Tunisia holds opportunities for investors, but government processes and local unrest have slowed developments.
OMV officially started producing from the Nawara field in early 2020, with this project the country’s largest major development. OMV (Tunesien) Production’s general manager Wilhelm Sackmaier raised a number of concerns around the country’s operating environment during IN-VR’s online Mediterranean Gas & Energy Week.
“Oil and gas production is decreasing and fields are getting mature, while energy demand is increasing,” Sackmaier said. OMV produces from eight concessions in Tunisia, of which it operates seven. The company’s production is 10,400 barrels of oil equivalent per day.
“Political and social instability” hampers new investments, with “unrealistic expectations” among the citizens of Tunisia. This leads to strikes and blockades, he was quoted as saying by Energy Voice.
“We have seen a significant number of strikes in 2019-20 … with 115 days of blocked pipelines,” Sackmaier said. Since the 2011 revolution, a number of popular protests have paralyzed work, in particular around Kamour.
Protesters have called for more local benefits and employment stemming from Tunisia’s natural resources. The OMV official called for government and unions to help make the case for industry, which will generate jobs, rather than destroying them.
Furthermore, the Tunisian regulator does not move fast enough in approving permits and there is scope for additional work in mature fields, Sackmaier said.
Despite the challenges, there remain opportunities, the OMV executive said, a point Perenco’s Yves Postec agreed upon.
Tunisia is broadly welcoming to exploration, Postec said, although the company has found development and license renewals somewhat slower.
“We want to invest now, extensions are needed now. This is quite a challenge for the ministry” and Entreprise Tunisienne d’Activités Pétrolières (ETAP), Postec said, at the IN-VR summit. “The country needs investments but the process could be more fluid. Investors are ready.”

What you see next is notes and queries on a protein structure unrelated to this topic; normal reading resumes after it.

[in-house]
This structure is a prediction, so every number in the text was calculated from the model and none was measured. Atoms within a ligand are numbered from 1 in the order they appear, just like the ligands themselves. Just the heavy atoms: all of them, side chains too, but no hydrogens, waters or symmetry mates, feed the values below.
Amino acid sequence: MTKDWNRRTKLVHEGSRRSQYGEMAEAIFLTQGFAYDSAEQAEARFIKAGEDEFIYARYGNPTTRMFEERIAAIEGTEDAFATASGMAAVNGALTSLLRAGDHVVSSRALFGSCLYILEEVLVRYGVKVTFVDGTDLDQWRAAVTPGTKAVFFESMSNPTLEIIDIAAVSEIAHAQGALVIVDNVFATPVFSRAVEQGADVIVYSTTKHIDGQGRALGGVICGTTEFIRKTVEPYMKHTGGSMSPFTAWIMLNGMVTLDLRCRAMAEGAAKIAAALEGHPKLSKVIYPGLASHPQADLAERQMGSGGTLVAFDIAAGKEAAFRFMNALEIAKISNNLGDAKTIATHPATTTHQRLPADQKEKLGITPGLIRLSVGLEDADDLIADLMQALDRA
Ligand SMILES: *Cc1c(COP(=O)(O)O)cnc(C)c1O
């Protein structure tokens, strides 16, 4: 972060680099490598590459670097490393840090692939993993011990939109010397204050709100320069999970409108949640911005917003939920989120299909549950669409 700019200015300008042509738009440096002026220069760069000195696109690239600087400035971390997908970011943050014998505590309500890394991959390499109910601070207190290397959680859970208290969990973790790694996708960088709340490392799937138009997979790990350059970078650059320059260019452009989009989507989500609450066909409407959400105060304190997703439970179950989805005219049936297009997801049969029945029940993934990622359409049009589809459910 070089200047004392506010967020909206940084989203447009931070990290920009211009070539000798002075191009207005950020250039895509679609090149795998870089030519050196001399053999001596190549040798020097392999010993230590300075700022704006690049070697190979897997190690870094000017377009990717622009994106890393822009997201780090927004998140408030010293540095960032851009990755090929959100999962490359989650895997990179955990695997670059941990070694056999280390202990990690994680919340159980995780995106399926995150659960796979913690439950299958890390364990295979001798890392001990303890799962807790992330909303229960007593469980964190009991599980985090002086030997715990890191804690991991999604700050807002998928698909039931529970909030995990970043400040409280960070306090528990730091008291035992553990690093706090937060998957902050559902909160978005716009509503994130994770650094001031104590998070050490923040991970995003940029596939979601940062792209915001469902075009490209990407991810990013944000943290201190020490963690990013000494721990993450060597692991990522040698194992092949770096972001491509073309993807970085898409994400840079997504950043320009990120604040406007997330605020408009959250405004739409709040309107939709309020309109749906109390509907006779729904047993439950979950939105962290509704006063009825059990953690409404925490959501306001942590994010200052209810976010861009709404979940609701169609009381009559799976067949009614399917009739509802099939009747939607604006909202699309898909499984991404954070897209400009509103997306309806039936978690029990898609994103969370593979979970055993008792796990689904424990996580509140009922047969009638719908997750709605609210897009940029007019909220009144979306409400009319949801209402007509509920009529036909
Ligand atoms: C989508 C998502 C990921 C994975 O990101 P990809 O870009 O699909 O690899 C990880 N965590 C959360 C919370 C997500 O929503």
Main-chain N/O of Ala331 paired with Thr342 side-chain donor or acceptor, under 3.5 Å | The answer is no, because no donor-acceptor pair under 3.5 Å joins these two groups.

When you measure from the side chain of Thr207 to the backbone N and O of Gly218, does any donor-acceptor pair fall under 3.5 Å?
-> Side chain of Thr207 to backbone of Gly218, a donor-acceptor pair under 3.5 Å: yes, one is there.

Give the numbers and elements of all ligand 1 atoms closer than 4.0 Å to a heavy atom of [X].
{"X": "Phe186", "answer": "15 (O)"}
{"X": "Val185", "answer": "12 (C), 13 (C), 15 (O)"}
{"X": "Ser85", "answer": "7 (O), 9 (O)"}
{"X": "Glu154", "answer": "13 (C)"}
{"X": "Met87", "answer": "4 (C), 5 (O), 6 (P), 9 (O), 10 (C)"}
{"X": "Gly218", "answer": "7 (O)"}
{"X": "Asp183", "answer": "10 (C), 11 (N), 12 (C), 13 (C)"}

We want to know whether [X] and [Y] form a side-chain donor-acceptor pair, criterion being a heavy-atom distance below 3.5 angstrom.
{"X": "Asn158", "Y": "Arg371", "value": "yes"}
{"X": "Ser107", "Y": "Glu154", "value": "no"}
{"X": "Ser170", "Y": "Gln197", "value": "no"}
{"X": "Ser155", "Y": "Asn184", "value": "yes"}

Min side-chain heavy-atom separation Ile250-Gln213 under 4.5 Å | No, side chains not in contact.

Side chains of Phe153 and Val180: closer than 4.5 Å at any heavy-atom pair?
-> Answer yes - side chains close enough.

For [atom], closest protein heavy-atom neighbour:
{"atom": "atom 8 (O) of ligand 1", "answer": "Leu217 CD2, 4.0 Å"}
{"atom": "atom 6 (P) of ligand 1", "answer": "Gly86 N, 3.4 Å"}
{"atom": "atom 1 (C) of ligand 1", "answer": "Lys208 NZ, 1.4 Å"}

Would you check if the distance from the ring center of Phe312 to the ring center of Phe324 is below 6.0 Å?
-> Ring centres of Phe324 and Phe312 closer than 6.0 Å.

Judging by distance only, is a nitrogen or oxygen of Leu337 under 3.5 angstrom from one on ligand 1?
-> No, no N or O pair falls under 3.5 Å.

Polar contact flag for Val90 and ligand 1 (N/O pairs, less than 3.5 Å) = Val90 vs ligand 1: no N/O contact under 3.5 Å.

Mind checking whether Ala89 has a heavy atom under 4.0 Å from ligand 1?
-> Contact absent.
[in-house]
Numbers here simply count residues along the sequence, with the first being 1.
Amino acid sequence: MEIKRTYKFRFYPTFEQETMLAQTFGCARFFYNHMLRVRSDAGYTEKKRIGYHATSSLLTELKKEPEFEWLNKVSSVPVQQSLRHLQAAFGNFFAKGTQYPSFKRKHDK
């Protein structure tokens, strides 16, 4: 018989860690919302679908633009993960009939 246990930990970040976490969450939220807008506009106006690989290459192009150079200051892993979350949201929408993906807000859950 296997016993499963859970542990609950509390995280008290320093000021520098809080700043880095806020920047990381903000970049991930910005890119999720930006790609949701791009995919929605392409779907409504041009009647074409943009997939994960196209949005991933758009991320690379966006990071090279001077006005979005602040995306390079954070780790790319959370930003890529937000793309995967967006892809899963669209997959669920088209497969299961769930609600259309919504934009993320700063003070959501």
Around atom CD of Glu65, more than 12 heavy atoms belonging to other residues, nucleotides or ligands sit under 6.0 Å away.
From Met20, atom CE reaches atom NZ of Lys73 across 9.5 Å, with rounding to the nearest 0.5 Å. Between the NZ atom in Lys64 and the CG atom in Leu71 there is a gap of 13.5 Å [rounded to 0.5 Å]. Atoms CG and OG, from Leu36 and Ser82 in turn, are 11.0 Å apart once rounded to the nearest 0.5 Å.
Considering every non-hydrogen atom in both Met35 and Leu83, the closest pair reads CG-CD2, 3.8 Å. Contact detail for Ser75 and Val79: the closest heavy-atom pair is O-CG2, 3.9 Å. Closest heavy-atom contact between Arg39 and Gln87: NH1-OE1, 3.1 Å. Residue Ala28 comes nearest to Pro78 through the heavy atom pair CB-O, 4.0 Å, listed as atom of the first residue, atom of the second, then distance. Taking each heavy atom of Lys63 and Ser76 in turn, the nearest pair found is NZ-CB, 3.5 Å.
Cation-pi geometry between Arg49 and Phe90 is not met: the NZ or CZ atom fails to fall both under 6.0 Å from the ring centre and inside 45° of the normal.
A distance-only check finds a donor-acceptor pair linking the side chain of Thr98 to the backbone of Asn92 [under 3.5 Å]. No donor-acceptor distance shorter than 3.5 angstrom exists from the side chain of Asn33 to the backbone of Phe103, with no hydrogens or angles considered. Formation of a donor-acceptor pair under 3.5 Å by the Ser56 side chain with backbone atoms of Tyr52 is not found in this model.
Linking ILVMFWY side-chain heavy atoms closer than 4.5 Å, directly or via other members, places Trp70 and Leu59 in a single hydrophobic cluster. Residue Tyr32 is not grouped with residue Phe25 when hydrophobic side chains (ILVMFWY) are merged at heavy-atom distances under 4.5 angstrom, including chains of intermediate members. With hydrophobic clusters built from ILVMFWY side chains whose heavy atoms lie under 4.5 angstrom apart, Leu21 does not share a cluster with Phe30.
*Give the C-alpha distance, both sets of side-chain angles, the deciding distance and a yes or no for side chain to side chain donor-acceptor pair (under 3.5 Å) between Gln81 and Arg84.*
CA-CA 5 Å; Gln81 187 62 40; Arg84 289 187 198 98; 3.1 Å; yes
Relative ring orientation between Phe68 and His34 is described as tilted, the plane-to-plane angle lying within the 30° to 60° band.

Perenco has made a number of moves in the North African state. In 2017, it took a 50% stake in the Ashtart concession and, in 2018, a 45% stake in Chergui.
The company plans for additional work in Tunisia, which is made possible by regional integration, Postec said. “Integration relies on infrastructure to link concessions, making them strong and mutualising the fixed costs.”
Perenco is also working on a small pilot 1 MW solar project. Postec said this would provide the company with information on the technology and “also generate synergies in terms of lending”. The solar project should be commissioned by mid-year, he said, helping Perenco’s energy transition strategy and local CSR initiatives.
Another company working on a combination of hydrocarbons and solar is Mazarine Energy. The company’s CEO Edward Van Kersbergen said that Mazarine was “developing energy in the wider sense”. As such, it is working on a 10 MW solar project, which should be commissioned this year.
“It’s a way of additionally investing in the region, creating employment and CSR. I hope there’s more to come. There are also opportunities for hydrogen.”
Historically, Mazarine has focused on hydrocarbons, drilling exploration in 2015 and 2019. The Sidi Marzoug-1 well flowed at 2,700 bpd in 2019. The company tested a horizon at the well that had not previously been tested by its neighbors.
“We’re looking forward to new opportunities for production. We’re laying the pipeline as we speak and making use of infrastructure already in place.” Similar to Postec, van Kersbergen noted the benefit of existing infrastructure, which allows new discoveries to be tied in.
Mazarine could have installed the 15 km tie back in four to five months, he said, but it has actually taken two years. “We need to increase the pace of development. Oil and gas has a long future but pace is of the essence.”
“After discoveries in 2015 and 2019 we see further appraisal potential. We’re planning, for this year and next, to carry out two exploration and appraisal wells. We have been lucky enough to have a 100% success rate with three wells. I’d like to believe we have done a good job but this is as much a reflection of the area in which we operate,” van Kersbergen said.